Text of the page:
Headroom and legroom in the rear is a strong point, outstripping larger rivals like the X-trail, with three big bodies able to be accommodated with comfort. The absence of rear air-conditioning vents is disappointing though.
Likewise, the cargo space in the rear is more than adequate, with a wide loading area and special levers in the back that flip the rear seats downward in the beat of an eyelid. We’ve seen this last feature before (on cars like the Renault Koleos), but its showroom appeal cannot be underestimated.
On the road the CX-5 is a mixture of extremes, excelling in some areas and lagging behind in others.
What is immediately apparent is the sublime handling, with a degree of feedback and quickness of steering on par with an above-average passenger hatchback, and a willingness to be thrown into corners with abandon.
Likewise, Mazda has configured the suspension so well that the typical pitch and roll found in most SUVs is all but absent. Alongside the Volkswagen Tiguan and Ford Kuga, the CX-5 re-writes the book on how an affordable SUV should handle.
Less appealing is the tyre noise, wind roar and stone rattle on the undercarriage, which continues the trend of modern Mazdas featuring inadequate sound-deadening. There are more refined and quiet crossovers out there for the money.
Even more disappointing is the engine and transmission combination. As the first member of Mazda’s range to come replete with its brand new SkyActiv green technology, expectations for the CX-5 were justifiably high.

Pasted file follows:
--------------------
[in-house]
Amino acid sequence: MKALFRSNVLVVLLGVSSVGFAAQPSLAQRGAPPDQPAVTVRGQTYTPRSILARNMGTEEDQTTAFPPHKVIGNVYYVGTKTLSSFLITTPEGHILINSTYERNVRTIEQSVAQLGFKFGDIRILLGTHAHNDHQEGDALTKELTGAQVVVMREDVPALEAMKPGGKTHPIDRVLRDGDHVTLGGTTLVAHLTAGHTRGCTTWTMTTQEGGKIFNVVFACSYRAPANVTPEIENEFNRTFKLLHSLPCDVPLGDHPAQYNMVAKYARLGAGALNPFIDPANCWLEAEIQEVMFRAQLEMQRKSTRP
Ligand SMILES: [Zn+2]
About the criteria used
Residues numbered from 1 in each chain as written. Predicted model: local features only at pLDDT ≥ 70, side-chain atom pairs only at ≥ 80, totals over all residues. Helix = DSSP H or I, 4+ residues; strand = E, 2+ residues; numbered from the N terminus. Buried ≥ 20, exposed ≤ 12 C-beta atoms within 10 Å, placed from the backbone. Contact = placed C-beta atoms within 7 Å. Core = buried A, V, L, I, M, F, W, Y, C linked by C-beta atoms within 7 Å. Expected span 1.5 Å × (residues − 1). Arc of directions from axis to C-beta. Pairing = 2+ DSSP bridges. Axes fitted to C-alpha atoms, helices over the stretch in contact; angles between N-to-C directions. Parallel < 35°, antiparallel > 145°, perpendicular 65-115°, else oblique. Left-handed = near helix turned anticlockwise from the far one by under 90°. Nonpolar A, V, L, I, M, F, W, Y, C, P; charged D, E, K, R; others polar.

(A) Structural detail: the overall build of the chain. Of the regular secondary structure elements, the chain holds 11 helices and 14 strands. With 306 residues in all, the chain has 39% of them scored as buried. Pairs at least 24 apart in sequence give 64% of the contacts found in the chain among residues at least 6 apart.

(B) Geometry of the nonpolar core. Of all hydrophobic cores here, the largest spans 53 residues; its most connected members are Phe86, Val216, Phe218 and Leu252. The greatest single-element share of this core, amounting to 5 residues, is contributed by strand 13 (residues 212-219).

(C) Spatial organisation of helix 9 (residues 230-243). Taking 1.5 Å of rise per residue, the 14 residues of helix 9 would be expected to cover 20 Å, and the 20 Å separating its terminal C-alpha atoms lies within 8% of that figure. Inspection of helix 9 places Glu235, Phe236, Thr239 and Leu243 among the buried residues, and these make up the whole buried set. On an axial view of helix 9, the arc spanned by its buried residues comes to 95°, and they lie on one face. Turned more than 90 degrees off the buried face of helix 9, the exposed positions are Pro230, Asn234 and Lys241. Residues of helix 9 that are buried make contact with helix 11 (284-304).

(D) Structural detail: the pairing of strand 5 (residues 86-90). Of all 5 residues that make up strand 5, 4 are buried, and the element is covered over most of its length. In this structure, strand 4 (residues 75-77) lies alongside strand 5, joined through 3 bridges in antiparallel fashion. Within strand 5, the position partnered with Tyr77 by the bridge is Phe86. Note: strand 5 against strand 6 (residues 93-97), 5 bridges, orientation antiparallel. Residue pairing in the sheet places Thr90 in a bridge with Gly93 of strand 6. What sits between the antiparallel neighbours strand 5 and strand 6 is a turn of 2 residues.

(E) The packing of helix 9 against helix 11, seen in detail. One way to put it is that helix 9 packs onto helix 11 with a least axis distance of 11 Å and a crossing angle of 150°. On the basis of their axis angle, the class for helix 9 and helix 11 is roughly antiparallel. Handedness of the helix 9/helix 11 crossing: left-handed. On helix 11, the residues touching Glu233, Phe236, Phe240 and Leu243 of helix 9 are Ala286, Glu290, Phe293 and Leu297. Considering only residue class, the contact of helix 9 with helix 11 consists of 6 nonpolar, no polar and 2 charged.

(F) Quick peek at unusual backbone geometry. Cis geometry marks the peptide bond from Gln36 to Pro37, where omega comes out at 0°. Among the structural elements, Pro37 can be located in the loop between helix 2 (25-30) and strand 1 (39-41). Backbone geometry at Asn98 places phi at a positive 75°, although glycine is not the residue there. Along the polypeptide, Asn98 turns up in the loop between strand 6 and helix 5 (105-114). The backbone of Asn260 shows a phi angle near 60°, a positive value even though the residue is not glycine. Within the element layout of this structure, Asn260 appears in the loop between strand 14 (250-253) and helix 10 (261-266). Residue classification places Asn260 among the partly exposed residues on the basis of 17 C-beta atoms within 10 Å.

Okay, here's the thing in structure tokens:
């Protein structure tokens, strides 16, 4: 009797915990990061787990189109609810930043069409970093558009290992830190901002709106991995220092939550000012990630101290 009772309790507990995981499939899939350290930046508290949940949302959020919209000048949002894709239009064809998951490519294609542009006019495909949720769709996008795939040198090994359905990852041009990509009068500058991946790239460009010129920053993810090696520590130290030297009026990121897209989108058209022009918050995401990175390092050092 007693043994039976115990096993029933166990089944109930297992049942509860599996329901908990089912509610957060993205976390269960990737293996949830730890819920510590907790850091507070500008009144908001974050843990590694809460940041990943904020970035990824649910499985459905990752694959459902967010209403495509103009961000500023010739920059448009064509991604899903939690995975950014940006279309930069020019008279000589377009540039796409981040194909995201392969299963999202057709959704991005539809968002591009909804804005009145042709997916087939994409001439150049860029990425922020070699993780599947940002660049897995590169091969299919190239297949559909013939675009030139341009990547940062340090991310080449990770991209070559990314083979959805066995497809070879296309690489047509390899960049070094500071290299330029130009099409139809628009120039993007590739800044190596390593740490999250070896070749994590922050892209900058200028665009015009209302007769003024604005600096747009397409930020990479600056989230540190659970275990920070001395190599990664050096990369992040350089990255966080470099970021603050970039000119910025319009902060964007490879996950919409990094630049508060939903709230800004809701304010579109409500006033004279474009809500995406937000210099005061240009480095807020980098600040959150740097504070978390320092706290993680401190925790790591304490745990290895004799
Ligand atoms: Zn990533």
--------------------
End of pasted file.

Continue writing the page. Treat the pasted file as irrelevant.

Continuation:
Unfortunately, the engine is neither particularly dynamic or efficient, and the automatic transmission is unintuitive to the point of frustration.
The problem with the small 2.0-litre powertrain is an absence of mid-range torque, common in naturally-aspirated units of small capacity, which requires the driver to push out to a higher point in the rev band to make swift progress, and thus tax the engine into using more fuel.
Our test car seldom used less than 11.0 litres per 100km on inner-city sojourns – and we can safely presume this will be the natural habitat of most CX-5s.
We don’t doubt, though, that many drivers will likely find the engine adequate for their needs, because it hustles along at lower speeds in a busy enough fashion, and the lack of a turbo makes initial power delivery pleasingly linear.
Our gripe comes more from the fact that the wonderful chassis could easily use more, and such a lacklustre powertrain seems out of place for a brand like Mazda that markets itself as a sporting ‘Zoom Zoom’ kind of car-maker.
Likewise, while many owners won’t be fazed by a hesitant and unintuitive transmission (Mazda’s booming sales prove the point), we grew frustrated with the propensity to change into too-high a gear at the most inopportune moments.
It’s ok for an engine to lack torque if the transmission is programmed to change-down when overtaking or on an incline, but if anything the Mazda unit is more likely to change up!
But let’s be realistic – there is a good reason why the CX-5 has wrestled sales leadership from its established rivals, and it is the same reason why Australia makes up an staggeringly disproportionate amount of Mazda sales globally.
The Japanese company continues to churn out cars with a modicum of cheeky style, dynamic nous par excellence and a knack for interior quality that few others can match.
The CX-5 is far from perfect, but those areas in which it falls down are arguably the areas where it can fall down without alienating its core buyers.
Still, when the new-generation Toyota RAV4, Nissan X-Trail, Subaru Forester and Honda CR-V launch next year, we suspect that may just change.